If you’re mastering and want it to sound better, try aligning the phase, expanding the transients on the side image, and upward compressing the mids using a parallel send. You can also do some experimental steps like normalizing a parallel track instead of using parallel compression.
Align the Phase of the Mix
Before we get started, keep in mind that these tips are in no particular order – some of them are a little experimental, so introduce them to your workflow with some discretion.
Before you begin to process your master, consider aligning the phase of the track using Izotopes RX plugin. If the phase rotation of your mix is off, it won’t sound bad; however, it can cause the computer to misread the samples at a high level, resulting in unwanted clipping.
Within RX, use the Phase modulation, click ‘Suggest’ to measure the phase rotation, then select Render to change the phase rotation. Nothing about the overall sound of the mix will change, just the alignment of the samples.
Use Subtle Transient Expansion on the Side
Recently Eventide released an EQ with which you can affect the transients of your side image – but if you don’t want to purchase this plugin, there is a free alternative. First, duplicate your master, and place the free Voxengo MSED plugin on both signals, then solo the Mid and Side image.
Now we can affect or mid and side separately – which is useful in and of itself. I’m going to use a transient expander on my side image, to make my stereo image more detailed.
Although SplitEQ by eventide is more convenient than this, this method results in less phase cancellation.
Isolate and Upward Compress Mids
I tried this on a master recently, and it worked well at bringing the mids to the forefront – first I created a bus/auxiliary track for my mix. Then I introduced a low-latency linear phase EQ, and isolated the mid frequencies on this parallel track, followed by upward compression.
This way I can isolate my mids, control their dynamics from the noise floor up, and increase their overall detail and perceivability.
Start with 2 Intelligent Equalizers
If you have Soothe 2 and the Gullfoss EQ, try them with very subtle settings at the beginning of your mastering chain. Soothe 2 will attenuate resonance frequencies, and then Gullfoss will dynamically alter the frequency response to balance the mix, making masked frequencies easier to hear.
Even if you choose to remove these from your chain, which I find I do about 50% of the time, they help you hear the mix from a different perspective.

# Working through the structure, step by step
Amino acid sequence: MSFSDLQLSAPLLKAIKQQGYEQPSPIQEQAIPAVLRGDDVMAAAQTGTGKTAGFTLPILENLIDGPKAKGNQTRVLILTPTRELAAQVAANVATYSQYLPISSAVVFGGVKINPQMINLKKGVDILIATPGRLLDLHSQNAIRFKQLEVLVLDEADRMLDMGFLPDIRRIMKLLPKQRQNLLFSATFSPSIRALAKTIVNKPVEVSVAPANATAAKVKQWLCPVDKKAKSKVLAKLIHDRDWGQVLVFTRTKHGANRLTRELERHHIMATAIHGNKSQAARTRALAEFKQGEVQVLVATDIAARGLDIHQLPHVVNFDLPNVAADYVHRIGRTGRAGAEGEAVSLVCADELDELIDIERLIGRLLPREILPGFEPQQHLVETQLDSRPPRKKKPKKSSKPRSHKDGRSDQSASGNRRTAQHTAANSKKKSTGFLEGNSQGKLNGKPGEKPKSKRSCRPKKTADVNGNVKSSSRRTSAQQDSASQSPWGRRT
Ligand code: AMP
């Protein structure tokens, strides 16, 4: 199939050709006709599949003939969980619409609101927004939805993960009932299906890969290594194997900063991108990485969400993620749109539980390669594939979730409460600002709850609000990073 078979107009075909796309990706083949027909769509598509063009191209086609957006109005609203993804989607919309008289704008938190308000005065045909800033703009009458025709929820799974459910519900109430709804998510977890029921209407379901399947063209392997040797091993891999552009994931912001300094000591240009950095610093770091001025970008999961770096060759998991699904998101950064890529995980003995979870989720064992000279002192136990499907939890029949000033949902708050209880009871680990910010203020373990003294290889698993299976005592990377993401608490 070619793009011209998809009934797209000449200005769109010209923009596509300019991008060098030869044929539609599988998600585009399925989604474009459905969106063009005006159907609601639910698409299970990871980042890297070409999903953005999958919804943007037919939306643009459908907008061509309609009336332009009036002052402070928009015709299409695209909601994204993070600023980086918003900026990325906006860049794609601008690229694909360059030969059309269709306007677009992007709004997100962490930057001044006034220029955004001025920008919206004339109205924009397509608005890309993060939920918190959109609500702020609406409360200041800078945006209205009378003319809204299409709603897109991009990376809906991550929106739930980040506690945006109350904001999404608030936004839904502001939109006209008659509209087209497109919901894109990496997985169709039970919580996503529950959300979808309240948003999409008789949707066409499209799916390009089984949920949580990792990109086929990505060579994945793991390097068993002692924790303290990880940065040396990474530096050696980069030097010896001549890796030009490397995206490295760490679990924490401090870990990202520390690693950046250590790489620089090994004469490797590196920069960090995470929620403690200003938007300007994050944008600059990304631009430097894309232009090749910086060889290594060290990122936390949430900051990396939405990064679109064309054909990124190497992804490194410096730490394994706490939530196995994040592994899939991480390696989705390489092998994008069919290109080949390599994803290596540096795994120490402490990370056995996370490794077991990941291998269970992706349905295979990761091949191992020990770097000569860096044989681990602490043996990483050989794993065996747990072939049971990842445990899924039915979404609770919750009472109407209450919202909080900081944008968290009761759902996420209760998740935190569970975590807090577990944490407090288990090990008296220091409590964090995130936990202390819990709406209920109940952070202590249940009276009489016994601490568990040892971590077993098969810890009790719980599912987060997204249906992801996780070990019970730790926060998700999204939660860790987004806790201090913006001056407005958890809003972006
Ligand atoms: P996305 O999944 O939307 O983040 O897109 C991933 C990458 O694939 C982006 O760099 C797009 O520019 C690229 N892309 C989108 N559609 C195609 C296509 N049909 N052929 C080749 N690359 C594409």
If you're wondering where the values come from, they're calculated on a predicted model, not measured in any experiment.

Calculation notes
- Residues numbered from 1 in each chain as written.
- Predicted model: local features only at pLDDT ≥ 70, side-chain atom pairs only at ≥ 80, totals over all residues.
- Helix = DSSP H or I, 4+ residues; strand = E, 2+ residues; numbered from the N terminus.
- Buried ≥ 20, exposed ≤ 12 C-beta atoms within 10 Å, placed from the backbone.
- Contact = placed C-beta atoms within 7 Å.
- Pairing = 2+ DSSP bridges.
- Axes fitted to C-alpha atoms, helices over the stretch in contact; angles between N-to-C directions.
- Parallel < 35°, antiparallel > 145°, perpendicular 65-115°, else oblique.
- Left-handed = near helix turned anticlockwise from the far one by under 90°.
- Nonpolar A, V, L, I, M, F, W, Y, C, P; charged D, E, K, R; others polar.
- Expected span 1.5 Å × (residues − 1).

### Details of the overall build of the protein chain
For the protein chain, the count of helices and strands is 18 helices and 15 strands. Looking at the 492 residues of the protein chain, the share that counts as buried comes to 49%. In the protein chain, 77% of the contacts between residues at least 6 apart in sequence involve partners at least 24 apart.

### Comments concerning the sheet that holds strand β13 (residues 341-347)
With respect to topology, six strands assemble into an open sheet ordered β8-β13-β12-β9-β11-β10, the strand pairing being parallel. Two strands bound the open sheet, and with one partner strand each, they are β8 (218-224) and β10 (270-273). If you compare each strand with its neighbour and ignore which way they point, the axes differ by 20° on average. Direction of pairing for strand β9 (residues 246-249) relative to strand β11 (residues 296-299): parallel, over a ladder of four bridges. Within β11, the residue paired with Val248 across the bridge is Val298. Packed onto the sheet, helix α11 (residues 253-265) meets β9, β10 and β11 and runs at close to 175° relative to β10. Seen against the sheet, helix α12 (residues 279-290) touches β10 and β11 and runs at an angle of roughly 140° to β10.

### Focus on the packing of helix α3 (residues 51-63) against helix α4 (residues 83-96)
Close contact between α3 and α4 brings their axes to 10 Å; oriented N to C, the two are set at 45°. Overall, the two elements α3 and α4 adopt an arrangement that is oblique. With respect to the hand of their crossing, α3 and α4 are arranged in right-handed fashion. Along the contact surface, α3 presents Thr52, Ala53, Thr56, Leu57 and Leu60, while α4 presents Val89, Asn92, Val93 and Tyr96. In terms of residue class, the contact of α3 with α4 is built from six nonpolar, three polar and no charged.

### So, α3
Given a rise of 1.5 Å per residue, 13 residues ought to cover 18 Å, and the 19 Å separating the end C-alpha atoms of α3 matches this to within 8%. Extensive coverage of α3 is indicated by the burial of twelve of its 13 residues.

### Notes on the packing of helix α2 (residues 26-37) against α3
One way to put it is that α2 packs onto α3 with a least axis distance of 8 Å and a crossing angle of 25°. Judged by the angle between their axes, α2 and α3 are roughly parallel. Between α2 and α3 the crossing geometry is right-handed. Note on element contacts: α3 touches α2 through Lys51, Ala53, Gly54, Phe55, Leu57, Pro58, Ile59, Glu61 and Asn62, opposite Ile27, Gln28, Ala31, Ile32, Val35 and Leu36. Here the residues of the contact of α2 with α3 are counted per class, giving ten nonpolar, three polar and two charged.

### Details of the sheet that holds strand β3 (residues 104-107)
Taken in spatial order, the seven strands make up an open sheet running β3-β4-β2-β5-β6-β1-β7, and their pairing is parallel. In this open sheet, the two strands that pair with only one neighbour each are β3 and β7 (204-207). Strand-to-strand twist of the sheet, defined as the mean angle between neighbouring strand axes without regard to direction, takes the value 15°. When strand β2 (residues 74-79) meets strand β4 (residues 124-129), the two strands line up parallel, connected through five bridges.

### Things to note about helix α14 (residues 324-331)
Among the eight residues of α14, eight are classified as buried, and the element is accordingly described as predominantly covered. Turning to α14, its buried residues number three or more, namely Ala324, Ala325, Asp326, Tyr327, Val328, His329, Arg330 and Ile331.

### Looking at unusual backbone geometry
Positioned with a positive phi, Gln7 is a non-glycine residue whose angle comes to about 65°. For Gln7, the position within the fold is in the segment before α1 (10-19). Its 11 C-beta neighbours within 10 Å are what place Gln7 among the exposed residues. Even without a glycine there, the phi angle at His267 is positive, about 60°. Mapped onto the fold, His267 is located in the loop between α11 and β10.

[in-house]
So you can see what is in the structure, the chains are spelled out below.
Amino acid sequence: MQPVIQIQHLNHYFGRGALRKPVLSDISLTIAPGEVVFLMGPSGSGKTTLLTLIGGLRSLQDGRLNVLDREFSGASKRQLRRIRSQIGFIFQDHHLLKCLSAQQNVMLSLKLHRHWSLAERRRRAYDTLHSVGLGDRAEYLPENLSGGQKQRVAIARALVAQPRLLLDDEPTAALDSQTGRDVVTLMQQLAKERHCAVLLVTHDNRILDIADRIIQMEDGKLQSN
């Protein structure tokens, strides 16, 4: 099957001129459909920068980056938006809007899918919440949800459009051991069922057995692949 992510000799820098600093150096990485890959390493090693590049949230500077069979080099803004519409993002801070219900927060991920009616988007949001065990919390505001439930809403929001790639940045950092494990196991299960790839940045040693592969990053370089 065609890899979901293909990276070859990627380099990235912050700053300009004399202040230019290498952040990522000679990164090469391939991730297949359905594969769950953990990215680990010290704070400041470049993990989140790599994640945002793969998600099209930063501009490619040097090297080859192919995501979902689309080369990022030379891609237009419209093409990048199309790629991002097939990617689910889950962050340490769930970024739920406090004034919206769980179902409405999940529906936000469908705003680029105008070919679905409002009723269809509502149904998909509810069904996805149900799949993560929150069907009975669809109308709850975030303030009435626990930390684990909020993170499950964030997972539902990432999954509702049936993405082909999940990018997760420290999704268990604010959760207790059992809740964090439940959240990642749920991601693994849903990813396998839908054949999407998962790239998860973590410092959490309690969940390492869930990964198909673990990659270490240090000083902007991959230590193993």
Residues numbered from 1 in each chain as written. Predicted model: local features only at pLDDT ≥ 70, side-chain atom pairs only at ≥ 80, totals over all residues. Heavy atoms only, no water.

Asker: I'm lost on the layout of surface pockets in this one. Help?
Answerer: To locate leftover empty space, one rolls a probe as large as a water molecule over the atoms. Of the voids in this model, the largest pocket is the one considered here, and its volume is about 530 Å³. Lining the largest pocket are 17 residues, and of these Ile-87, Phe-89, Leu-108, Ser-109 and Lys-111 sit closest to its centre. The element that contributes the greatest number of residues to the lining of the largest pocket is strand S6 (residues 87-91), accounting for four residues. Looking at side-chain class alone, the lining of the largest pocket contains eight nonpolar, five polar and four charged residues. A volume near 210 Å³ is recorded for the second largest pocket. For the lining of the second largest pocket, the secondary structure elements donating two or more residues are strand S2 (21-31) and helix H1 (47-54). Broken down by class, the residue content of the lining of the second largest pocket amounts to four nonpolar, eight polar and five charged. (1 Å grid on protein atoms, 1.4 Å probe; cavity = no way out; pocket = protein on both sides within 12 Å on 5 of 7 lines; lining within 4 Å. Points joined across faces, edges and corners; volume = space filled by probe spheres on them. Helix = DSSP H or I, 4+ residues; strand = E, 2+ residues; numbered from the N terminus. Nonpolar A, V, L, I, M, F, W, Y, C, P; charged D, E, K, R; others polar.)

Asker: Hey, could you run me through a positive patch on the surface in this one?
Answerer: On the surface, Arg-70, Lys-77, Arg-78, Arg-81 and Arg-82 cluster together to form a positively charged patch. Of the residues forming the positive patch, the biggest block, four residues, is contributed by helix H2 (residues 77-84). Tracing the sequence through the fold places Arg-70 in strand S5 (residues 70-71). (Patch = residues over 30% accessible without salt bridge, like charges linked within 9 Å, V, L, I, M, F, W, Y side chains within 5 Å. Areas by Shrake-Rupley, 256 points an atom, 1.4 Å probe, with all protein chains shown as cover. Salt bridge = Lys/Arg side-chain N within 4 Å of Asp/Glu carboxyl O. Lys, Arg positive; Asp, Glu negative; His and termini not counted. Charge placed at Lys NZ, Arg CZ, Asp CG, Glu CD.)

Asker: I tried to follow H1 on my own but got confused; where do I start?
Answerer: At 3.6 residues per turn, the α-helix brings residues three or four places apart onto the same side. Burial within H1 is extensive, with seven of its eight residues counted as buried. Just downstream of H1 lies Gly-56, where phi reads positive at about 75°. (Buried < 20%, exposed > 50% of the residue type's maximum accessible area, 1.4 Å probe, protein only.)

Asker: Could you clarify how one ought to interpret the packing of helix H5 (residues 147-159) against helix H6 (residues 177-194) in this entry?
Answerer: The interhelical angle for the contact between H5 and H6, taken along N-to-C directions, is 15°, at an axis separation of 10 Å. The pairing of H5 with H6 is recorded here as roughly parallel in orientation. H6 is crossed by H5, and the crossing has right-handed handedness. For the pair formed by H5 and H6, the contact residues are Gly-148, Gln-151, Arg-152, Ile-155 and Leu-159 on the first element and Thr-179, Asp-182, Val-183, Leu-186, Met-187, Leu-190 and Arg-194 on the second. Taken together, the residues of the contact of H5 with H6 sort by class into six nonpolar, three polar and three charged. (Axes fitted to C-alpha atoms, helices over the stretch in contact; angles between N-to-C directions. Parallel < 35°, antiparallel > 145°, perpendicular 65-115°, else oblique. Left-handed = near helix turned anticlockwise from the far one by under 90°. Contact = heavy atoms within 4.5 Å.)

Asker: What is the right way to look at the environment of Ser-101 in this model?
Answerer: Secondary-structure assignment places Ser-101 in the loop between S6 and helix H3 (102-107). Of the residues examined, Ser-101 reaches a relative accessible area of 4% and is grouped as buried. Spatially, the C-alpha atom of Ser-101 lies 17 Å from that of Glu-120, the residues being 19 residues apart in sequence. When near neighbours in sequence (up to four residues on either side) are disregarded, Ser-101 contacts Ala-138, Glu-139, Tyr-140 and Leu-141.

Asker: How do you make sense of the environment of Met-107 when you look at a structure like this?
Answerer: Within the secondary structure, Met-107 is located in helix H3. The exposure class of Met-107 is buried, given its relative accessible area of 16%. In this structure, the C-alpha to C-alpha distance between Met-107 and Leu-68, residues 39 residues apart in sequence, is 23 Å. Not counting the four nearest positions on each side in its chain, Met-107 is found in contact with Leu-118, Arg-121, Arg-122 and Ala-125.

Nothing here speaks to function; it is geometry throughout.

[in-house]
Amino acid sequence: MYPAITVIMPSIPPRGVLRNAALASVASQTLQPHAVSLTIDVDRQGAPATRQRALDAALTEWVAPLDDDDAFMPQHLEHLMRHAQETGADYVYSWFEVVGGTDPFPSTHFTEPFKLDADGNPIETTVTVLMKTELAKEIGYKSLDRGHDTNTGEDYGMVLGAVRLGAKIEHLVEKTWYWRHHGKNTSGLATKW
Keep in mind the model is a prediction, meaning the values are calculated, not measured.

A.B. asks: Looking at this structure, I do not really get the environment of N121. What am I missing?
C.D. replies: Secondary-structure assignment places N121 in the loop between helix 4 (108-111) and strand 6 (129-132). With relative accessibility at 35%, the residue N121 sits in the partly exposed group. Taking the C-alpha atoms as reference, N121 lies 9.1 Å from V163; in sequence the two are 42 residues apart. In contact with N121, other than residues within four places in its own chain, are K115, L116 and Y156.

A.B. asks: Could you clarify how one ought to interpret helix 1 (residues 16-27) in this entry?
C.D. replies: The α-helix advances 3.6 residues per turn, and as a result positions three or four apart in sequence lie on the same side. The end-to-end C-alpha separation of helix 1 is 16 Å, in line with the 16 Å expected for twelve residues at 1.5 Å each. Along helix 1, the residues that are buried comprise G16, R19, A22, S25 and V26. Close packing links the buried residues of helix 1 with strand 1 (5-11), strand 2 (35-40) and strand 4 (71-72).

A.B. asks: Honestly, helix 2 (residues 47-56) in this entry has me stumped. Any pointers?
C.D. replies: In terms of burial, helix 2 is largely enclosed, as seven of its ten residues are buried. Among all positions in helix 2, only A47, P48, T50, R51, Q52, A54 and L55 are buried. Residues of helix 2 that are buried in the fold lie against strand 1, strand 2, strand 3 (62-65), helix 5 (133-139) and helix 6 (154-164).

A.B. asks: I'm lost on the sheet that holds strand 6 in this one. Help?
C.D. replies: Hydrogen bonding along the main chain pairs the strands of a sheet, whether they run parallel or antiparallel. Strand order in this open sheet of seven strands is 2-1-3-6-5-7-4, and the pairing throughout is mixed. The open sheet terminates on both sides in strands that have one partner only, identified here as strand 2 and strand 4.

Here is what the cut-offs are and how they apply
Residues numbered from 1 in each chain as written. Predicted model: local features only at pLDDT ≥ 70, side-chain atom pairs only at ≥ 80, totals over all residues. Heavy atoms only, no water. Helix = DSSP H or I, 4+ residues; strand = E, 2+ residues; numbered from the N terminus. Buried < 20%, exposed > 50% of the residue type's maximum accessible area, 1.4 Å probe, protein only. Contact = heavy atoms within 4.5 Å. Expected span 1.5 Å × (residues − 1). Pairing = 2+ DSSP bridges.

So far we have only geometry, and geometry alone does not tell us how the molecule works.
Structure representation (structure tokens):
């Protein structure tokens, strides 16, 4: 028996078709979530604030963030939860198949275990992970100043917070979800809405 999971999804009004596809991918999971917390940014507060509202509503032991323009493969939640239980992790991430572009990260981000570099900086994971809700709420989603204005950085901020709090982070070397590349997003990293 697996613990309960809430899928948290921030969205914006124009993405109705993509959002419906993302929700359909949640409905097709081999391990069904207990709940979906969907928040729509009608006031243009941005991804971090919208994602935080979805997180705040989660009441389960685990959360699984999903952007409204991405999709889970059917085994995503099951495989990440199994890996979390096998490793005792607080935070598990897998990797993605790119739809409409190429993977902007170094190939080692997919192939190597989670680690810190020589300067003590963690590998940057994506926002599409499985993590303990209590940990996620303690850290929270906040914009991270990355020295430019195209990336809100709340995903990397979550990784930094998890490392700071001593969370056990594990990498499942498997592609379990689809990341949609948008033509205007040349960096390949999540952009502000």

Parallel Normalized Track
Although this is a little unorthodox, a parallel normalized track is a good alternative to parallel compression. First I’ll duplicate my mix and cut it into sections based on the peak level of that section – this usually means the verse and choruses will be separated; then I’ll use peak normalization.
Now all sections of the track have the same peak level, resulting in controlled dynamics without the need for compression. I’ll blend the normalized track in with the original, just like I would a parallel compressed track.
Quickly Compare 2 Chains
In Logic Pro, I can create 2 signal chains and then A B almost instantly – first I’ll double-click the track, and under Functions, I’ll pick Selection-Based processing. If I saved my chain I can load them in here, or I can select whatever processors I’d like.
By clicking A and B I can now quickly preview the 2 chains, making it easier to find what sounds best for the mix.
Process Verse and Chorus Separately
Let’s again create 2 tracks and then isolate our verse and chorus, or maybe chorus and bridge depending on the song structure, and then process the unique parts of the song differently. For the most part, I’ll keep things the same for consistency, but add some small changes.
For example, I could make the verse have a little less distortion, or I could amplify the side image on the chorus to make it more impressive. A similar thing can be accomplished with automation, but this gives you more control and makes the differences easier to keep in mind when making changes.
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